KENAI (AP) -- Two cabins reflecting the Kenai Peninsula's pioneer heritage have been added to the National Register of Historic Places, the Alaska Department of Natural Resources announced this week.
The Andrew Berg cabin was built in 1902 on the shore of Lake Tustumena. The Harry A. Johnson cabin was built in the 1920s about 15 miles southwest of Hope. Both are now in the Kenai National Wildlife Refuge.
''They represent the hunters and trapping activity that was going on,'' said Judy Bittner, the state historical preservation officer with the department. ''They are modest little things, but that's our history.''
The two cabins also were singled out because of the colorful characters who built them. Berg and Johnson were well known in their days as rugged and talented sourdoughs who carved lives out of wilderness.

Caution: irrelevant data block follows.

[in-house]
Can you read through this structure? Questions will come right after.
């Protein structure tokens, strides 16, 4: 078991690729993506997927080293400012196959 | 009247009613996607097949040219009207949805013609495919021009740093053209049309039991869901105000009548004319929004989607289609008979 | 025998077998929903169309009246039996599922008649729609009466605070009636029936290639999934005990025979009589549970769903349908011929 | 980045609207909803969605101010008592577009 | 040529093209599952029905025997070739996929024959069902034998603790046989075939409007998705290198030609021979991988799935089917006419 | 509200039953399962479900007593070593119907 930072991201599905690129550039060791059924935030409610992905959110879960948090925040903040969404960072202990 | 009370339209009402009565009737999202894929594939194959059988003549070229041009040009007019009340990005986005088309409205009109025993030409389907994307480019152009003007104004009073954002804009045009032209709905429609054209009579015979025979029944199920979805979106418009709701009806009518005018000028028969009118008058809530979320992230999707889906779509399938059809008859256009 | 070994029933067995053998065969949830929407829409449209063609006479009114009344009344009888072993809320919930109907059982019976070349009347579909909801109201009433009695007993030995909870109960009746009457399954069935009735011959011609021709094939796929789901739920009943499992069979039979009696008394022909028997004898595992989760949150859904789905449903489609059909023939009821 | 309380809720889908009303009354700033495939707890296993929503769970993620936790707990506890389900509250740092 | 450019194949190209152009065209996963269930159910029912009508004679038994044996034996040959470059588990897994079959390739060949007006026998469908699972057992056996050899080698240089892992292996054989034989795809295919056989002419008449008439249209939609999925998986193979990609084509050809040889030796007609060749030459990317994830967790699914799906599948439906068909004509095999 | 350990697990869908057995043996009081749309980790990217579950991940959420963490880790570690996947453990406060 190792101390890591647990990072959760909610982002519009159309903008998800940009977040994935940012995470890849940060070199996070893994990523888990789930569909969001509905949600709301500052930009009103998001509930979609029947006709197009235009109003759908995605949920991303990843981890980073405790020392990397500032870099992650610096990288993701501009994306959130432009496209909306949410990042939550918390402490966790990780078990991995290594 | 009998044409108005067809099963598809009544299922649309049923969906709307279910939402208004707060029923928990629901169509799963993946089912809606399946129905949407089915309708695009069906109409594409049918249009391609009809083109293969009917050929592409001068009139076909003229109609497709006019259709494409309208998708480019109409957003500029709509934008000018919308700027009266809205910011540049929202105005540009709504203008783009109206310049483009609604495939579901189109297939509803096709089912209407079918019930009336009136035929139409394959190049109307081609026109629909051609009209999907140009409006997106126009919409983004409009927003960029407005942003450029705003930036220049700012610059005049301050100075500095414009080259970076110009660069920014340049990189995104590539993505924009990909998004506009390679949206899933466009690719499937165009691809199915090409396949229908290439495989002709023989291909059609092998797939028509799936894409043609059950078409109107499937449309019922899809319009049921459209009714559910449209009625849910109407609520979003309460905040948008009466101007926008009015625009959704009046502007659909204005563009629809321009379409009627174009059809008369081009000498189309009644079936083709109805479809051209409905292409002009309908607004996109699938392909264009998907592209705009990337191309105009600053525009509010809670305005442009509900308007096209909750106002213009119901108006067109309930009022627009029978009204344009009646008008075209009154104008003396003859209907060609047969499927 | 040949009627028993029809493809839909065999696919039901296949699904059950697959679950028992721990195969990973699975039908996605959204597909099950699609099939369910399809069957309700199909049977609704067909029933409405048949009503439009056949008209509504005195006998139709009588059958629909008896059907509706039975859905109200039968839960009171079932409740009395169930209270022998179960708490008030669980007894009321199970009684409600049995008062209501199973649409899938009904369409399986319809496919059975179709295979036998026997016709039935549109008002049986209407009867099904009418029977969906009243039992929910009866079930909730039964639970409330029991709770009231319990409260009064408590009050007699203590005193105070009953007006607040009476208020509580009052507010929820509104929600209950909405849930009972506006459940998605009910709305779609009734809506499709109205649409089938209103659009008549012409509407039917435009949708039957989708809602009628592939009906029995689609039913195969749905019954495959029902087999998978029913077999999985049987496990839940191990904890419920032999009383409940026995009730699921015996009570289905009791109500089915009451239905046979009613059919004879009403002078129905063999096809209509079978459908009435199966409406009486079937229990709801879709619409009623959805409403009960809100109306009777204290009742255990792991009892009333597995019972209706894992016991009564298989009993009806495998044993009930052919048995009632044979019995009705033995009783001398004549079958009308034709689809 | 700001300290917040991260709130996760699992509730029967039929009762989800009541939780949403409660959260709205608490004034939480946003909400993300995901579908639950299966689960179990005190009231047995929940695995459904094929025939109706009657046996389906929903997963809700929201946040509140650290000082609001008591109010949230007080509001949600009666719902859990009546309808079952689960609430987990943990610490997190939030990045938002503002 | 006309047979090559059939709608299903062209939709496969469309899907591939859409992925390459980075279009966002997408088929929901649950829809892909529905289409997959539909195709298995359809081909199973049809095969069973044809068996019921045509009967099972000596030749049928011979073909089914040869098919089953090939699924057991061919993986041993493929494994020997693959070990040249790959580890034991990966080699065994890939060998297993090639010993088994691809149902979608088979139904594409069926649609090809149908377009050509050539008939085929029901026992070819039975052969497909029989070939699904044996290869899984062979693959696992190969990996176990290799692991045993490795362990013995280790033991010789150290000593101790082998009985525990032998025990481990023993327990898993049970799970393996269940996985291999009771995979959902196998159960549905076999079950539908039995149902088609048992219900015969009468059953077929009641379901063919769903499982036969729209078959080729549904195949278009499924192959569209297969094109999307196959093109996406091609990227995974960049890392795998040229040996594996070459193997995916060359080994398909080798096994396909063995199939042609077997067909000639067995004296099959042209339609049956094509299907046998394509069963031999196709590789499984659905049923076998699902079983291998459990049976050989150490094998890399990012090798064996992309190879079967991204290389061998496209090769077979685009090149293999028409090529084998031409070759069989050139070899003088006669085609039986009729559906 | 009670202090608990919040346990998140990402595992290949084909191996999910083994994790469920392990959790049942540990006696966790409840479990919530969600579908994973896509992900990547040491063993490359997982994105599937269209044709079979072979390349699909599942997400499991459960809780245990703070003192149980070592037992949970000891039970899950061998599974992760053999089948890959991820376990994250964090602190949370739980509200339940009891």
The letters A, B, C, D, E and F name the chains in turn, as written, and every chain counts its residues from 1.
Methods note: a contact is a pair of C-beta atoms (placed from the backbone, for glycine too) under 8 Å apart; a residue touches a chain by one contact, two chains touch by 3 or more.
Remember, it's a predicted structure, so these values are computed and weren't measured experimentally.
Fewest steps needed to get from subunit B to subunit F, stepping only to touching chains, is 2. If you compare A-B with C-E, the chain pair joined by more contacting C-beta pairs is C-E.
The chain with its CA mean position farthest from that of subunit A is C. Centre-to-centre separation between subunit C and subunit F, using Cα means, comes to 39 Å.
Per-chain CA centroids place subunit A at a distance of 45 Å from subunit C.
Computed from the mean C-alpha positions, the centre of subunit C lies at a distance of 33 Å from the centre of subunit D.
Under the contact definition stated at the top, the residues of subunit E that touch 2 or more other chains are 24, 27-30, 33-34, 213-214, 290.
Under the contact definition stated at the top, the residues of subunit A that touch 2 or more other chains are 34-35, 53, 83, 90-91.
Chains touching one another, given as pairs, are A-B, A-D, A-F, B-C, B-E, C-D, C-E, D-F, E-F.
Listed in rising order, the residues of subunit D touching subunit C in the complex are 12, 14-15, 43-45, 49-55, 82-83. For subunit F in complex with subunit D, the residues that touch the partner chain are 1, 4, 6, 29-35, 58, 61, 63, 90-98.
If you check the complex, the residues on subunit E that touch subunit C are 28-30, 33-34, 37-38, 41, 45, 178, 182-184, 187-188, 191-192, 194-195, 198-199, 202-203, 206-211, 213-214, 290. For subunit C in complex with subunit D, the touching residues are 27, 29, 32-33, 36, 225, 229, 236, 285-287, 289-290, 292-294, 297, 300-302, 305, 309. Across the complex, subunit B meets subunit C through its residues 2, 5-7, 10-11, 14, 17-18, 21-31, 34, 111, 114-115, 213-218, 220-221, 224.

Gary Titus, a ranger with a passion for local history, worked on winning the listings.
Titus said he hopes the listing will help prevent the peninsula from losing more of its history. Many other buildings on the peninsula remain at risk.
''I'm trying to preserve those cabins out there. We just lost one last spring,'' he said. ''The cabins -- they don't have much time.''
The two cabins join 27 other Kenai Peninsula buildings or sites on the register, which is administered by the National Park Service.
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